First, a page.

Last week, the Guardian reported that the Obama administration is collecting records of every call made to, from or within the US, as well as records of many digital communications. President Obama has tried to deflect criticism by claiming "every member of Congress has been briefed on this program." While some members of Congress were briefed – particularly those on the intelligence committees – most, including myself, were not.

The administration claims authority to sift through details of our private lives because the Patriot Act says that it can. I disagree. I authored the Patriot Act, and this is an abuse of that law.

I was the chairman of the House judiciary committee when the US was attacked on 11 September 2001. Five days later, the Justice Department delivered its proposal for new legislation. Although I, along with every other American, knew we had to strengthen our ability to combat those targeting our country, this version went too far. I believed then and now that we can defend our country and our liberty at the same time.

I immediately called then-House Speaker Dennis Hastert and asked him for time to redraft the legislation. I told the speaker that if the legislation moved forward as drafted, I would not only vote against it, but would actively oppose it.

The country wanted action, and the pressure from the White House was intense. To his credit, Speaker Hastert gave us more time. There were endless meetings and non-stop negotiations with the White House, the FBI and the intelligence community. The question could not have been more fundamental: how could we defend our liberty and protect the American people at the same time?

The legislation had to be narrowly tailored – everyone agreed that we could not allow unrestrained surveillance. The Patriot Act had 17 provisions. To prevent abuse, I insisted on sunsetting all the provisions so that they would automatically expire if Congress did not renew them. This would allow Congress to conduct oversight of the administration's implementation of the act.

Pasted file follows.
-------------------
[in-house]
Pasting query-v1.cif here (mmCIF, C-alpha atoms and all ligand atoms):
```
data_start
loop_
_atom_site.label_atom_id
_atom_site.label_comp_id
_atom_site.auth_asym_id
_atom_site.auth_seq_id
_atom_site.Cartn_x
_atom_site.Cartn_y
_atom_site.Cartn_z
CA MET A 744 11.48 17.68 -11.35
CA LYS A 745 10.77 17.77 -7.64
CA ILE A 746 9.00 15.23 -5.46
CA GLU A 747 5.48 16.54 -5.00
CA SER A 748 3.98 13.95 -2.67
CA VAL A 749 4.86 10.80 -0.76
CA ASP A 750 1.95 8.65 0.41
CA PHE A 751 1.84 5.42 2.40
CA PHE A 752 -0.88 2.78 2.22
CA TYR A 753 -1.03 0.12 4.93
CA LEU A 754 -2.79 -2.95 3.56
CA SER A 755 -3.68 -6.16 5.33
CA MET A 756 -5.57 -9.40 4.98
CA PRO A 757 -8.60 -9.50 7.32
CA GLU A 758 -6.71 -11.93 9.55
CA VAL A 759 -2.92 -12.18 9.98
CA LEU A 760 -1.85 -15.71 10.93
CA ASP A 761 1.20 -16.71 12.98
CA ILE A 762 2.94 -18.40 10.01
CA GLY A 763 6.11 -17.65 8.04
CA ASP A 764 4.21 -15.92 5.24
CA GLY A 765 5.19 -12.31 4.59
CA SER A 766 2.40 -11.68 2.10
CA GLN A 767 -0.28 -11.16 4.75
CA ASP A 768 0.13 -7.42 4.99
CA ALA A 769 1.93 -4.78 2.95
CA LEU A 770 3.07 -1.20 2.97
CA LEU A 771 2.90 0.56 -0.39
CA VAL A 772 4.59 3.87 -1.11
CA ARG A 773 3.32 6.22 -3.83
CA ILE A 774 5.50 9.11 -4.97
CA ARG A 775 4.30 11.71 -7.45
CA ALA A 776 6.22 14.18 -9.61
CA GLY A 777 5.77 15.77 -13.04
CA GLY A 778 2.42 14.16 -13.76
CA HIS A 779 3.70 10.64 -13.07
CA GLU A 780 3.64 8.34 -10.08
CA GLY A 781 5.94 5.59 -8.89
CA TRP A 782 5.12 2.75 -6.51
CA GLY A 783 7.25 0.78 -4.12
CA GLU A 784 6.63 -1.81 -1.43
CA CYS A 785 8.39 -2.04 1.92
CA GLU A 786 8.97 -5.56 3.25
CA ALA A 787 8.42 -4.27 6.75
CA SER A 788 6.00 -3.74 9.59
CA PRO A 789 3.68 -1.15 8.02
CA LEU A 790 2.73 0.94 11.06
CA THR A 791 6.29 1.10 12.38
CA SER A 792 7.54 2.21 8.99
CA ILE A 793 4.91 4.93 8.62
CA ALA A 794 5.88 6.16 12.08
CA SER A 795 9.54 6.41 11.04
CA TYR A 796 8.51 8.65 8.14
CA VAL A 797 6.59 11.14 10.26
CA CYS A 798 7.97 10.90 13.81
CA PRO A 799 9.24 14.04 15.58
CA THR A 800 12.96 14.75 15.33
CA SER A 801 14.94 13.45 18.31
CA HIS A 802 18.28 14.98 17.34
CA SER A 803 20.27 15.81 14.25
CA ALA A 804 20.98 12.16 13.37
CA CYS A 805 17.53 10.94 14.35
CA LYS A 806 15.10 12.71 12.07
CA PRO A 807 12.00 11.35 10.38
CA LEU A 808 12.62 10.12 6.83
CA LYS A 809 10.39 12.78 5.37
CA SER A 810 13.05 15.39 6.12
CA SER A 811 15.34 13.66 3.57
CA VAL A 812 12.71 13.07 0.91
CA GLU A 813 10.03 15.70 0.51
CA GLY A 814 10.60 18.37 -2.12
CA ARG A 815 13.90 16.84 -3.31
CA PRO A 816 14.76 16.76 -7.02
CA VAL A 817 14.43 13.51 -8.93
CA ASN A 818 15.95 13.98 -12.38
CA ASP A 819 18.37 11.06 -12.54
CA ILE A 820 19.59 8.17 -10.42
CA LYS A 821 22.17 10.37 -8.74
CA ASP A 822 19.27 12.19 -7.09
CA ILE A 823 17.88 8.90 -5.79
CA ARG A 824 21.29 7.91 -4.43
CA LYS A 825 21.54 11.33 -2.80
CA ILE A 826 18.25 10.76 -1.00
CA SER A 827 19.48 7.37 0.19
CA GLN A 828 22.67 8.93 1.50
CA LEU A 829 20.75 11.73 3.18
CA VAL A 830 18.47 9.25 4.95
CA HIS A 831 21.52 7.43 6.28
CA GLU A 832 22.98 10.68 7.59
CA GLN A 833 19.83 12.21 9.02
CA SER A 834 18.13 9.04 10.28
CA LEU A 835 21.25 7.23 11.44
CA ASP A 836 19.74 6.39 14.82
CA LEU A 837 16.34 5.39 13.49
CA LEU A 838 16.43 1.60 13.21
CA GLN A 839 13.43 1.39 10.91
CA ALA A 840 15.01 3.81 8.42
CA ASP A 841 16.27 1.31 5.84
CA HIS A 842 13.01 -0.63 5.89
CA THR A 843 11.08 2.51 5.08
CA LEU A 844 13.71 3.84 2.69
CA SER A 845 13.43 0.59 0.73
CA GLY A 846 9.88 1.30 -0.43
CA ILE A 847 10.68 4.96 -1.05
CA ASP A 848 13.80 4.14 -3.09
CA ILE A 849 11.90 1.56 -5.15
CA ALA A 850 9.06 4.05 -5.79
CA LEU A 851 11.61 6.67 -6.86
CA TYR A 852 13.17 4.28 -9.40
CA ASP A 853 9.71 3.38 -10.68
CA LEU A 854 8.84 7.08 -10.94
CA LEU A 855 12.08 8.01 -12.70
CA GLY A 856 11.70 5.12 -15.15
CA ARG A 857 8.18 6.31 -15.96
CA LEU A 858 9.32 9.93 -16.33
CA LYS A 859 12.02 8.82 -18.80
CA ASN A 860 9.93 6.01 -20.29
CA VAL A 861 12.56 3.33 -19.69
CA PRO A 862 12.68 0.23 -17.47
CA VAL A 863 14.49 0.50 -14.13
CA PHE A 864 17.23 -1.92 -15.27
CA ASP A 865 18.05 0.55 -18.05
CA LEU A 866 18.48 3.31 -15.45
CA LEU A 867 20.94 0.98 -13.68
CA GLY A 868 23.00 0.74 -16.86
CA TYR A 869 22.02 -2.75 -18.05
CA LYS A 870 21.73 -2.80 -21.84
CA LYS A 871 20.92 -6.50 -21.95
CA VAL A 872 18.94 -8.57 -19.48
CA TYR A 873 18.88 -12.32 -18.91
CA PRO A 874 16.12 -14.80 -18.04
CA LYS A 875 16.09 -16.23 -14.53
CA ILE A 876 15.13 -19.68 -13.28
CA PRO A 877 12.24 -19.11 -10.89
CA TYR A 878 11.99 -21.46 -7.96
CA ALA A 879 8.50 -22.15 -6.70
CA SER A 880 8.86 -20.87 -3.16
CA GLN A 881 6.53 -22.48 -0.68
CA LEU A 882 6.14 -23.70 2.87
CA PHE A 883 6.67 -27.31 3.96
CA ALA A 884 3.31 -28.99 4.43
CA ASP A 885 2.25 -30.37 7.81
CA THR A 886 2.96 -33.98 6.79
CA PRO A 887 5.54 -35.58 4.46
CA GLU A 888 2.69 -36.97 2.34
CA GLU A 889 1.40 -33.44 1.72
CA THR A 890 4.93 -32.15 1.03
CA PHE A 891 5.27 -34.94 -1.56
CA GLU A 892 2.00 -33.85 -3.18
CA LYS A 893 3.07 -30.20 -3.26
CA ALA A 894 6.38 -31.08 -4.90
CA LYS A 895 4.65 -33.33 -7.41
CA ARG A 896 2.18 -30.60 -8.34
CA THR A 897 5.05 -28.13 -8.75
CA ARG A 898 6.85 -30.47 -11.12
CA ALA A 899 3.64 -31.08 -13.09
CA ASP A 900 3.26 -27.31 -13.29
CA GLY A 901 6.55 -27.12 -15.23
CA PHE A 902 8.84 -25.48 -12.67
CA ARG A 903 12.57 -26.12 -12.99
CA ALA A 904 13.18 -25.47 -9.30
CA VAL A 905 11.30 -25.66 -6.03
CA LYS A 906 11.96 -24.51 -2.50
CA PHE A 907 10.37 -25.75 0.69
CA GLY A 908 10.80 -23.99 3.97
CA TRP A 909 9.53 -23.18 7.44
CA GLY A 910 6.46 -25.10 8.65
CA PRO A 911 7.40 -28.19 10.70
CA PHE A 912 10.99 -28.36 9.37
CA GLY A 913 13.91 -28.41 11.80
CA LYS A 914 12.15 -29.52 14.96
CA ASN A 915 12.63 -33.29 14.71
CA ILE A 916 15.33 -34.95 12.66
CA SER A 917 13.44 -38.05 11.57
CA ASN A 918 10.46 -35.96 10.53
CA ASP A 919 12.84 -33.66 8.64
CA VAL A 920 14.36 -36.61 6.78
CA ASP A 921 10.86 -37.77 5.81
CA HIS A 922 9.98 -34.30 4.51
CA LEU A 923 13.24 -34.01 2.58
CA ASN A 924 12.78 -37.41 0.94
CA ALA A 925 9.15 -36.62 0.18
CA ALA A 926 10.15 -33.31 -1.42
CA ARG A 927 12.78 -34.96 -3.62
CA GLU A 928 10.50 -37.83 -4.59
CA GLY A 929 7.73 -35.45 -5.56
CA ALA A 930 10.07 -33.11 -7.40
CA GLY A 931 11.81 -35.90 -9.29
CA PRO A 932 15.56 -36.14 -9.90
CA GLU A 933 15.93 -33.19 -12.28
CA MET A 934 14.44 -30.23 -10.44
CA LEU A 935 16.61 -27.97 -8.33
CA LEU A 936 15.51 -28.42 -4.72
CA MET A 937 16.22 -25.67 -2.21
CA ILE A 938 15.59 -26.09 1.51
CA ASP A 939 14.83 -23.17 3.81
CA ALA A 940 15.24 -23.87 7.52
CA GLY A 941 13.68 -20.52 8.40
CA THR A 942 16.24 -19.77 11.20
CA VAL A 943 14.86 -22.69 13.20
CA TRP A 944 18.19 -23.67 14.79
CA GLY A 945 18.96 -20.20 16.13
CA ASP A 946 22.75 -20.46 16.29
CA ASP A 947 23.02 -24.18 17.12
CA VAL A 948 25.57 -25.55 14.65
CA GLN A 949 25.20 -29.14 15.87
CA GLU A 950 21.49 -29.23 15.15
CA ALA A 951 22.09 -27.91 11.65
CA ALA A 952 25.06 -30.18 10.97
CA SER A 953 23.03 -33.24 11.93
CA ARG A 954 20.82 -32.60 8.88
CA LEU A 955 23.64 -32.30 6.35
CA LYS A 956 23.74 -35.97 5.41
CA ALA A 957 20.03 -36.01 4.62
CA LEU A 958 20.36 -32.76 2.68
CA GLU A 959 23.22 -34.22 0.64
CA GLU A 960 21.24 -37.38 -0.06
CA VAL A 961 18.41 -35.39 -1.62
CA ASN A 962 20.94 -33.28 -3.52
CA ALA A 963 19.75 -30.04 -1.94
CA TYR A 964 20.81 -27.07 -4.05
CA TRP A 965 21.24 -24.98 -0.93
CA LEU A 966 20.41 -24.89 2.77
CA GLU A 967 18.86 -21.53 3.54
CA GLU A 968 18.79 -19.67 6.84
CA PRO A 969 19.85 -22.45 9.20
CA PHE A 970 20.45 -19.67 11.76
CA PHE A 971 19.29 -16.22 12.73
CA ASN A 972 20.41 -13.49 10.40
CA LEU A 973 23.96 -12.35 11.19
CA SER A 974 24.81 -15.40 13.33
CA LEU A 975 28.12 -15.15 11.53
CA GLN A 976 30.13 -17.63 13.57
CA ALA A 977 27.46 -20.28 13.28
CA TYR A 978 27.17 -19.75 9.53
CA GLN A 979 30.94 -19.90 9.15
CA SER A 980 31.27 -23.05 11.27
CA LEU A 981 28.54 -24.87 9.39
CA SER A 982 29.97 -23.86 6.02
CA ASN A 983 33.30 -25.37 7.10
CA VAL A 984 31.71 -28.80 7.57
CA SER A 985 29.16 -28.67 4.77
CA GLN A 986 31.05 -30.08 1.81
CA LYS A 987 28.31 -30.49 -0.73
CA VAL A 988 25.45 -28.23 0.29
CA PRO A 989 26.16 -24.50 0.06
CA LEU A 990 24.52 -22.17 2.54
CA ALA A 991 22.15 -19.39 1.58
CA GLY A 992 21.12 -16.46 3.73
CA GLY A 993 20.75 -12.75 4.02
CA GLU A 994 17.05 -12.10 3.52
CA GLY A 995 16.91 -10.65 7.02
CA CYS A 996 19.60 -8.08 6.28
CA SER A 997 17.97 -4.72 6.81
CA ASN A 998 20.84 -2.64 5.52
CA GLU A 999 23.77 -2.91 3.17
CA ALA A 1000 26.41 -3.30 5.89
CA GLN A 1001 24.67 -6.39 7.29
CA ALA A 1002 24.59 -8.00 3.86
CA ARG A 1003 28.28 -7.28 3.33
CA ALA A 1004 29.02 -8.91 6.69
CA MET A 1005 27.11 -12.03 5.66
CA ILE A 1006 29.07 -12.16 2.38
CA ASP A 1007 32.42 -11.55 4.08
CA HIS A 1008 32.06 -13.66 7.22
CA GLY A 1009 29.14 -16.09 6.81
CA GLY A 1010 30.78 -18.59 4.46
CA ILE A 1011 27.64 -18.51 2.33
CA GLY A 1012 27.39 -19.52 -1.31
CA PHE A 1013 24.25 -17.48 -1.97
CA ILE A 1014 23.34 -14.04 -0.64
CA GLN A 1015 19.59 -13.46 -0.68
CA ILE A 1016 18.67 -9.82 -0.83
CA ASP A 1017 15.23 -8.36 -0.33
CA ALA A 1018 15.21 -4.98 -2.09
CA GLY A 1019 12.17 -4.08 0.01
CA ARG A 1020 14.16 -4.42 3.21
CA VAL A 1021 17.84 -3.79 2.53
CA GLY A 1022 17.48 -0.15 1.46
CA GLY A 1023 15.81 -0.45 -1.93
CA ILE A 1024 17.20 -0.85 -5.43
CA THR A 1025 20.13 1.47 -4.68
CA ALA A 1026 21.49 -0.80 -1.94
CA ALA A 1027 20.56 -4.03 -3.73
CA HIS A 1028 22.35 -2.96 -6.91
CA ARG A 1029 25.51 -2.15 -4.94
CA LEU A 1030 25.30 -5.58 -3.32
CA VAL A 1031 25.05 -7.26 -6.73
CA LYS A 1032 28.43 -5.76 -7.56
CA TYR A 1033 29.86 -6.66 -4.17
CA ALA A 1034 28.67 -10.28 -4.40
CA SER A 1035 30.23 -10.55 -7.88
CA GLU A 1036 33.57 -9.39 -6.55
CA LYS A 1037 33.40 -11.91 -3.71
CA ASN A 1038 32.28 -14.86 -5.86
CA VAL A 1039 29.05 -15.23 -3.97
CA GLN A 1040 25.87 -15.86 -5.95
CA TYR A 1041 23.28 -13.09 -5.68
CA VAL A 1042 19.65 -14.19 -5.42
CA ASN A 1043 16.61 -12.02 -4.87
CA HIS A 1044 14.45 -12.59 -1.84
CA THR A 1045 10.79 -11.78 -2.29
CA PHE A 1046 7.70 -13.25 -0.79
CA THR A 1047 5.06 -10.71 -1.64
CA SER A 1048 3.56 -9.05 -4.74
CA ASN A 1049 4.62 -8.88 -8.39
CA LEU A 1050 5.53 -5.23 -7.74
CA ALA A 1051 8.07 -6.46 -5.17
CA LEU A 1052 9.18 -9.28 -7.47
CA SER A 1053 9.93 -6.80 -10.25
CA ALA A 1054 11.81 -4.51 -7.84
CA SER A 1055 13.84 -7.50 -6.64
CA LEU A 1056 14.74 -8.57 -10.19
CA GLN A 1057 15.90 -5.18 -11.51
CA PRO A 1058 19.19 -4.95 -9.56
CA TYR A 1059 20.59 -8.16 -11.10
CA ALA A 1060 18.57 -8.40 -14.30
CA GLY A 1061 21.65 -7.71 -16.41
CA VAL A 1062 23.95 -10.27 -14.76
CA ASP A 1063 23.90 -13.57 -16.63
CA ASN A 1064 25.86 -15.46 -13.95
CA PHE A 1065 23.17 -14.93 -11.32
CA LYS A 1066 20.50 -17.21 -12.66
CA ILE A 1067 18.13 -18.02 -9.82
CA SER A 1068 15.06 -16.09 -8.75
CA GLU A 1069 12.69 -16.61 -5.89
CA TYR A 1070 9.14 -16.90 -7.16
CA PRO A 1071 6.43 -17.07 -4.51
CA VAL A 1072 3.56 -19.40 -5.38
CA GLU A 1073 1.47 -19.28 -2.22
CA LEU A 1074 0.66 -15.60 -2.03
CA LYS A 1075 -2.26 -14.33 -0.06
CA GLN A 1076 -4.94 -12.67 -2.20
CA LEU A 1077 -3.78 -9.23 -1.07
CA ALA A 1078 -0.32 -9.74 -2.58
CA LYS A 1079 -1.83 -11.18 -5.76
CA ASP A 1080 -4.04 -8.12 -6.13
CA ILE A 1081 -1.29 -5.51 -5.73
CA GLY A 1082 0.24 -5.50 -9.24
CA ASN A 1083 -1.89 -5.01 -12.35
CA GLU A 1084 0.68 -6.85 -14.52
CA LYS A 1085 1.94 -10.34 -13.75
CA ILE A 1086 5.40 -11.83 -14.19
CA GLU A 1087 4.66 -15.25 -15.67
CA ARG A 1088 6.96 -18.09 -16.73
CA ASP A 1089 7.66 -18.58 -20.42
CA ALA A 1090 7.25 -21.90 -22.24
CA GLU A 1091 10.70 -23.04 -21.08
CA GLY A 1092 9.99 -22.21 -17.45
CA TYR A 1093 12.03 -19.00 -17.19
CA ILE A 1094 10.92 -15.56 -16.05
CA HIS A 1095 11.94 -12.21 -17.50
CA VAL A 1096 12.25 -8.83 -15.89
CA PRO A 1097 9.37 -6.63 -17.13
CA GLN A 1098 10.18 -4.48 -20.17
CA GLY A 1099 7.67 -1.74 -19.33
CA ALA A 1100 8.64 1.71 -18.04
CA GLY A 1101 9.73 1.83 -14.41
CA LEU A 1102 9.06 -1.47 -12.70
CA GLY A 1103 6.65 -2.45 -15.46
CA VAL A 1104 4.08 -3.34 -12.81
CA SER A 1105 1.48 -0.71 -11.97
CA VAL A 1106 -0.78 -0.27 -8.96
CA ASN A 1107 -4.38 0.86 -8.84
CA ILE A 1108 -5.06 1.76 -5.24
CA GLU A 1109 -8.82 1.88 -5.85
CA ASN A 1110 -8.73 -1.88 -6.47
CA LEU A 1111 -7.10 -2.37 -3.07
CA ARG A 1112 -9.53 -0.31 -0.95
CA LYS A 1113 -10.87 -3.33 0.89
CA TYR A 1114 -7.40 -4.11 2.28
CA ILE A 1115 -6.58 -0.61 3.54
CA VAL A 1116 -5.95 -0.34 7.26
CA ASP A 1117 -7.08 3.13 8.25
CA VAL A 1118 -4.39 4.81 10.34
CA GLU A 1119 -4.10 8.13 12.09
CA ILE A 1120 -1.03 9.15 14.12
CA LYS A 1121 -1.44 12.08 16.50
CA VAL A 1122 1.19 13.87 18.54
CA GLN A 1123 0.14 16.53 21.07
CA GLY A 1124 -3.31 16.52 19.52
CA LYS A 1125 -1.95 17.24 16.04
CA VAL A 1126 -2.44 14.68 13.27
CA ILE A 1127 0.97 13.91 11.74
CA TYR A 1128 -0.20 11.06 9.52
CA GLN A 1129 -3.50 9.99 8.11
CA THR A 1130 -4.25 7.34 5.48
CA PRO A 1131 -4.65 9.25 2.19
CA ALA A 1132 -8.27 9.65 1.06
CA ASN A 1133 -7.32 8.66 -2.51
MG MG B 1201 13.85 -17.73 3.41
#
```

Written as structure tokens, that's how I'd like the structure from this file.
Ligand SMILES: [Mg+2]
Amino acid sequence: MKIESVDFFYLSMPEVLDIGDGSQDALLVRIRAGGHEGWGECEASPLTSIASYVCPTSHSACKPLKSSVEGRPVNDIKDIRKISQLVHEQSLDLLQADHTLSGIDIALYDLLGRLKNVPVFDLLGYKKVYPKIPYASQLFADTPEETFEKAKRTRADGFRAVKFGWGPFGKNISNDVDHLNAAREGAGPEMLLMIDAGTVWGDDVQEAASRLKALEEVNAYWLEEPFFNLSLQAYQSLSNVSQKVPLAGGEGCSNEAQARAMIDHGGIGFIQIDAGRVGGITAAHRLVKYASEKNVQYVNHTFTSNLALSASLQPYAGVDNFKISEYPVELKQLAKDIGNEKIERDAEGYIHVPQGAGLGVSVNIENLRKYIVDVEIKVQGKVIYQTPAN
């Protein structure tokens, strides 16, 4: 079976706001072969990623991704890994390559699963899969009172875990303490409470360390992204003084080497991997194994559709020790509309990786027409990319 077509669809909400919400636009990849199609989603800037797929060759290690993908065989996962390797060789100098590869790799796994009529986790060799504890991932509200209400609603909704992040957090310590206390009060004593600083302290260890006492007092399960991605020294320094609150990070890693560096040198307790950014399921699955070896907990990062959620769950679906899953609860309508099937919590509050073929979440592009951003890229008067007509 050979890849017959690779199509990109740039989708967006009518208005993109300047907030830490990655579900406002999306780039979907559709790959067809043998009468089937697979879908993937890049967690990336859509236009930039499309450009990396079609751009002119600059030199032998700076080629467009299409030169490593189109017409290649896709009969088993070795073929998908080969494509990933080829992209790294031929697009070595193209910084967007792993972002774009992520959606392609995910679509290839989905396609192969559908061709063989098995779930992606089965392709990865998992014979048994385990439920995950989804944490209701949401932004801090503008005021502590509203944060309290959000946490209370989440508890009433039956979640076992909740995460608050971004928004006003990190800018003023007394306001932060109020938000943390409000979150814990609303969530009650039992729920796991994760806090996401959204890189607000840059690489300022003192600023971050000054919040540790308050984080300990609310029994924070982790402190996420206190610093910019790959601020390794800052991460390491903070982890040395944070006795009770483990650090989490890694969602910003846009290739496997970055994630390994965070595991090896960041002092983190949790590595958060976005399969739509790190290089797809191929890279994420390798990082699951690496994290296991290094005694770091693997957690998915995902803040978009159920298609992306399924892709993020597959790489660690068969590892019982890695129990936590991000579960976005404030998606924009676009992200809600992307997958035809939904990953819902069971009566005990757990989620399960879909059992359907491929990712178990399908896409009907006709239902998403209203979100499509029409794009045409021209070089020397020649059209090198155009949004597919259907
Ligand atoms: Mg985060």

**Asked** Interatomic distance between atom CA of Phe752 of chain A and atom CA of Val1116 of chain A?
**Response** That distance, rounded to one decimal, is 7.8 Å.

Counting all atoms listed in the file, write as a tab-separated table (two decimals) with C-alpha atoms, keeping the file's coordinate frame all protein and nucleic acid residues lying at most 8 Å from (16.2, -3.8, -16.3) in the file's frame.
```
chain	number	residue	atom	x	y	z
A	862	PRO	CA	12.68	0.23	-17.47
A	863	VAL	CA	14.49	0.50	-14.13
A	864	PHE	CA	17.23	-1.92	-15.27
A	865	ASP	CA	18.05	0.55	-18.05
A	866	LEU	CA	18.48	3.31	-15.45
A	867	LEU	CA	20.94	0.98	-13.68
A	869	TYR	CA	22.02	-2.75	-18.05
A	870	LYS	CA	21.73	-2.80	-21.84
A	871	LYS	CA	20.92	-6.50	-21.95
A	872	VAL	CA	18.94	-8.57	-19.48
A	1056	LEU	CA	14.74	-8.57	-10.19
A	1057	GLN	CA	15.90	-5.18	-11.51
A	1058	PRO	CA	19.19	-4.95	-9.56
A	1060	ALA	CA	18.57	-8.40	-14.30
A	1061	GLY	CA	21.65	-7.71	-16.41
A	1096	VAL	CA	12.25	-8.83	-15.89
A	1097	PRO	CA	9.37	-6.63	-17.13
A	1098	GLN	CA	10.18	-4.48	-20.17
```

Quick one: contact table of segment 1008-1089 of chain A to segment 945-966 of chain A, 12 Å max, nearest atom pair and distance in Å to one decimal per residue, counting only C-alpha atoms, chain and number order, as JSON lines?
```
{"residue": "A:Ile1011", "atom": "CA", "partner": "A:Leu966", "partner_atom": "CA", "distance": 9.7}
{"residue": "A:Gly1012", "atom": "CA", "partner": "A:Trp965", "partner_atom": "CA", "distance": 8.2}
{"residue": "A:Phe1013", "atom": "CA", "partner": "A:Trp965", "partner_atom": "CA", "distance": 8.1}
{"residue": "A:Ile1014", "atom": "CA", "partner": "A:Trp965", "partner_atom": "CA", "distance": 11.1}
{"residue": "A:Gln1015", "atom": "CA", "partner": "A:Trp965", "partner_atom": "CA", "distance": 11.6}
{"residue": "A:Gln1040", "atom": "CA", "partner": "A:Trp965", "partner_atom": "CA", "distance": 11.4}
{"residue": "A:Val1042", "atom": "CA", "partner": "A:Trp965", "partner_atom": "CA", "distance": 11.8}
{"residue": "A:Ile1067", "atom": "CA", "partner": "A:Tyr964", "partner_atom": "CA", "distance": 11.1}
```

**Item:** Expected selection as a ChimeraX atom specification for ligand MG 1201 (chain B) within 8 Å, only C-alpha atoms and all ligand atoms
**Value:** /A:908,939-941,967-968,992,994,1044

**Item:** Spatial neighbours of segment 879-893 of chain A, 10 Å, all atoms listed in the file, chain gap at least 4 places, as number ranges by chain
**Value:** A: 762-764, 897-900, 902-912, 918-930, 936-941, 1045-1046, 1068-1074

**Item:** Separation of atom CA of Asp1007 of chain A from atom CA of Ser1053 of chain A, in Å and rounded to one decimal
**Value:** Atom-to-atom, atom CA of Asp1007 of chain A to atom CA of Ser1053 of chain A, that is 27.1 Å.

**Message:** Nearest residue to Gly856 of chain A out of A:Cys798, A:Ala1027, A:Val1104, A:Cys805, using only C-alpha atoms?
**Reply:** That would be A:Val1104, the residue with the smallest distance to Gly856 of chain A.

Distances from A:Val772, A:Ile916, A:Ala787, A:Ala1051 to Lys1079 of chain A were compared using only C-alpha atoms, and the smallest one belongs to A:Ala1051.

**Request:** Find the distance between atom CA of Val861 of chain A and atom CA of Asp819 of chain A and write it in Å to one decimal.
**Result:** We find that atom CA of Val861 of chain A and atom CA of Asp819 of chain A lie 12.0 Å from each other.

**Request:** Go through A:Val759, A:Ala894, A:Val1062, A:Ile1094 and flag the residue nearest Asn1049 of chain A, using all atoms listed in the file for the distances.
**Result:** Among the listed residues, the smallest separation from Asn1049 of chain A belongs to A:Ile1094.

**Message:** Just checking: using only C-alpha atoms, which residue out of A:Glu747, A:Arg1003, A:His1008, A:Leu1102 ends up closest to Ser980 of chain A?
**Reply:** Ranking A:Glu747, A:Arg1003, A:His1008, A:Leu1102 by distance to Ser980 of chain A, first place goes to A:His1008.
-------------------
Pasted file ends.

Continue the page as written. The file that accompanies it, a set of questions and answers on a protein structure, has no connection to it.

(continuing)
In 2006, Congress made 14 of the provisions permanent because they were noncontroversial. The three remaining provisions, including the so-called business records provision the administration relied on for the programs in question, will expire in 2015 if they are not reauthorized.

The final draft was bipartisan and passed the judiciary committee unanimously. The Patriot Act has saved lives by ensuring that information is shared among those responsible for defending our country and by giving the intelligence community the tools it needs to identify and track terrorists.

In his press conference on Friday, President Obama described the massive collection of phone and digital records as "two programs that were originally authorized by Congress, have been repeatedly authorized by Congress". But Congress has never specifically authorized these programs, and the Patriot Act was never intended to allow the daily spying the Obama administration is conducting.

To obtain a business records order like the one the administration obtained, the Patriot Act requires the government to prove to a special federal court, known as a Fisa court, that it is complying with specific guidelines set by the attorney general and that the information sought is relevant to an authorized investigation. Intentionally targeting US citizens is prohibited.

Technically, the administration's actions were lawful insofar as they were done pursuant to an order from the Fisa court. But based on the scope of the released order, both the administration and the Fisa court are relying on an unbounded interpretation of the act that Congress never intended.

The released Fisa order requires daily productions of the details of every call that every American makes, as well as calls made by foreigners to or from the United States. Congress intended to allow the intelligence communities to access targeted information for specific investigations. How can every call that every American makes or receives be relevant to a specific investigation?

This is well beyond what the Patriot Act allows.

President Obama's claim that "this is the most transparent administration in history" has once again proven false. In fact, it appears that no administration has ever peered more closely or intimately into the lives of innocent Americans. The president should immediately direct his administration to stop abusing the US constitution.

We all know the saying "eternal vigilance is the price of liberty." We are seeing that truth demonstrated once again.